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In This Issue
Upcoming Events
Pilot Composting Program
Holiday Tips to Reduce, Reuse and Recycle
Upcoming Events:
Saturday November 23:
8am - 3pm. Annual Textiles Drive, Riley Plaza. Bring all clean textiles - ripped or with holes matters not! 

Last Saturday of each month, 8am - 12noon at 5 Jefferson Avenue. Limits: TV/CRT: 2
White goods: 1
Small electronics: no limit. Proof of residency/ownership required.

Contact Julie Rose at
[email protected] or 978.619.5679 with questions or to volunteer.


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On NPR's Fresh Air Terry Gross interviewed Journalist Adam Minter about his new book "Junkyard Plant: Travels in the Billion-Dollar trash trade."  Adam grew up in a three generation junk dealer family in the midwest and has spent the past ten years reporting on recycling and related issues in the developing world. This is a great interview and sounds like an interesting book. 

Click here to listen!
Smoke Detector Recycling
Many smoke alarm detectors end up in the trash, but they don't have to!  CuriePackSM offers an economical solution for these environmentally sensitive devices.  To learn more, please click here:


Vermont's Agency of Natural Resources (ANR) is proud to unveil the newly developed standardized symbols for recycling, food scraps and trash:

Click here for more information!  
News You Can Re-Use
November, 2013 Issue 3


October was a productive month and November offers plenty more opportunities for us all to reuse-recycle and reduce, not to mention refuse! The month started off on November 3 with a free showing of the highly recommended movie "Bag It: is your life too plastic?" now available at the Salem Public Library. 
Rapidly approaching is the Annual Textiles Drive Saturday November 23, 8 am - 3 pm. Bring all clean and dry textiles! Ripped, with holes, matters not! There is also the monthly e-waste drop-off for Salem residents on 11/30, 8 am - noon, and below are holiday tips from the US Environmental Protection Agency.
We are always looking for volunteers to staff our events; perhaps you are even interested in putting your up-cycled creations on display? If so, please email Julie at [email protected]


Warm Regards,
Salem Recycles


DID YOU HEAR? Salem is the latest of cities to launch a pilot compost program! 
This spring, the city of Salem will launch a pilot compost program similar to those already in place in Hamilton, Wenham and Ipswich: Lockable composting bins with lids and wheels, and a smaller countertop container, will be provided to approximately 1200     residents, thanks to a grant from Massachusetts Department of Environmental Protection.

 The biodegradable waste will be picked up weekly with the regular trash collection. Details of the program will be worked out this winter by a team at City Hall. 

Residents interested in participating in the pilot program should take the survey at or contact Julie Rose at [email protected] or phone: 978.617.5679.

Holiday Tips to Reduce, Recycle and Reuse:
  • Thousands of paper and plastic shopping bags end up in landfills every year. Reduce the number of bags thrown out by bringing reusable cloth bags for holiday gift shopping. Tell store clerks you don't need a bag for small or oversized purchases.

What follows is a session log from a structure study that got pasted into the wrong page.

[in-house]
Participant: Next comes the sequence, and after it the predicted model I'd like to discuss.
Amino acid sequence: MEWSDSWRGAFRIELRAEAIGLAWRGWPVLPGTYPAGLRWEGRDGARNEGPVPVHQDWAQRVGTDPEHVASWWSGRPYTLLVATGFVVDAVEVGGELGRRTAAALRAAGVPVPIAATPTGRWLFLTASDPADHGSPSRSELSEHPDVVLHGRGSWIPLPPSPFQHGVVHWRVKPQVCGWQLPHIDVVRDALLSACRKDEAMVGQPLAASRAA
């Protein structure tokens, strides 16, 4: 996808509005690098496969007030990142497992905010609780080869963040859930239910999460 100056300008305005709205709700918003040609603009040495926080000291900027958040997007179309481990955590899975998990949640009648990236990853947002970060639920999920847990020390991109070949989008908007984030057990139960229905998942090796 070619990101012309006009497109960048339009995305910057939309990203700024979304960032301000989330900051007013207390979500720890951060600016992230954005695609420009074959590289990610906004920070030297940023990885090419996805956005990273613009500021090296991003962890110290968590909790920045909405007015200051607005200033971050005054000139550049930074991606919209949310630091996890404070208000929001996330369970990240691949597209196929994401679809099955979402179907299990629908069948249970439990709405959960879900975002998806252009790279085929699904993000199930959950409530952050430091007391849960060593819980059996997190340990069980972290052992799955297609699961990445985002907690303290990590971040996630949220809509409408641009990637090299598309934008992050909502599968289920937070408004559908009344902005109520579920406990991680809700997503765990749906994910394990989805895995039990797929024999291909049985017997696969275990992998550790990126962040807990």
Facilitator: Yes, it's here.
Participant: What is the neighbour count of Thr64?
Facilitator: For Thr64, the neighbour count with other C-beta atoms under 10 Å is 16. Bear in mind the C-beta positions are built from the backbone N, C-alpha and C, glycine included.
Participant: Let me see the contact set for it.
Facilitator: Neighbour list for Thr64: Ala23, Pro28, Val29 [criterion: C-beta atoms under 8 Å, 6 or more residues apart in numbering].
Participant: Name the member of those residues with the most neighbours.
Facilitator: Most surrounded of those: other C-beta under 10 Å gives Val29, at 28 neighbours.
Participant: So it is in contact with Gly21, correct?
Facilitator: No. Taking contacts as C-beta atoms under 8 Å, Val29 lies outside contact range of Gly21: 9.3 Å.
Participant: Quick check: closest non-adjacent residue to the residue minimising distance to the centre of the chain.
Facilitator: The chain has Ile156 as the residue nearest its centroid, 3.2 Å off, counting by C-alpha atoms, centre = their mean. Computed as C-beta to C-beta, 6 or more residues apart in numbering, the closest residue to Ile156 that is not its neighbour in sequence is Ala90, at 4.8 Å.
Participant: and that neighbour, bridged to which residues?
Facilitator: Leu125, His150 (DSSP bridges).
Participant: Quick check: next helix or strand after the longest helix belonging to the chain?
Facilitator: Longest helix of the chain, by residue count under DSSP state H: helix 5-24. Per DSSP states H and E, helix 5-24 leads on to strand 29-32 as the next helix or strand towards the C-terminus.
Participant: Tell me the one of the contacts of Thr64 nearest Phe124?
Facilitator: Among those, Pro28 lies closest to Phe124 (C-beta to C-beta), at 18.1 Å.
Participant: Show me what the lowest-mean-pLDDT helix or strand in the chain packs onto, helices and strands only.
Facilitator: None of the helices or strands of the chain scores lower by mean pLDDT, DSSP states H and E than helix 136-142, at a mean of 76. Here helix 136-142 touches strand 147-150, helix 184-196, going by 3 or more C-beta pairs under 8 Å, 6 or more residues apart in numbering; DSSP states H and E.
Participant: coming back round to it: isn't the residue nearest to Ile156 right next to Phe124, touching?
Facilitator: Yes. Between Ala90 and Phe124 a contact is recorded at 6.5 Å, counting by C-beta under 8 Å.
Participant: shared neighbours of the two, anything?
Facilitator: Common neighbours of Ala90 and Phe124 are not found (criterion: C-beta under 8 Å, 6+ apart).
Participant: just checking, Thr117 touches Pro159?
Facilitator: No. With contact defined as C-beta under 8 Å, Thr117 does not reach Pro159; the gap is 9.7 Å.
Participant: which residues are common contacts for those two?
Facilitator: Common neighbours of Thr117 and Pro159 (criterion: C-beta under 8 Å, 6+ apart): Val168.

• Wrap gifts in recycled or reused wrapping paper or funny papers. Also remember to save or recycle used wrapping paper. Give gifts that don't require much packaging, such as concert tickets or gift certificates.
  • Send recycled-content greeting cards to reduce the amount of virgin paper used during the holidays. Remember to recycle any paper cards you receive. You can also try sending electronic greeting cards to reduce paper waste.
  • About 40 percent of all battery sales occur during the holiday season. Buy rechargeable batteries to accompany your electronic gifts, and consider giving a battery charger as well. Rechargeable batteries reduce the amount of potentially harmful materials thrown away, and can save money in the long run.
  • Turn off or unplug holiday lights during the day. Doing so will not only save energy, but will also help your lights last longer.
  • Approximately 33 million live Christmas trees are sold in North America every year. After the holidays, look for ways to recycle your tree instead of sending it to a landfill. Check with your community solid waste department and find out if they collect and mulch trees. Your town might be able to use chippings from mulched trees for hiking trails and beachfront erosion barriers.
  • To help prevent waste from cutting down and disposing of live trees, you can buy a potted tree and plant it after the holidays.
  • Have a create-your-own-decorations party! Invite family and friends to create and use holiday decorations such as ornaments made from old greeting cards or cookie dough, garlands made from strung popcorn or cranberries, wreaths made from artificial greens and flowers, and potpourri made from kitchen spices such as cinnamon and cloves. 
  • Consider the durability of a product before you buy it as a gift. Cheaper, less durable items often wear out quickly, creating waste and costing you money.
  • When buying gifts, check product labels to determine an item's recyclability and whether it is made from recycled materials. Buying recycled encourages manufacturers to make more recycled-content products available.
For additional information on recycling, go to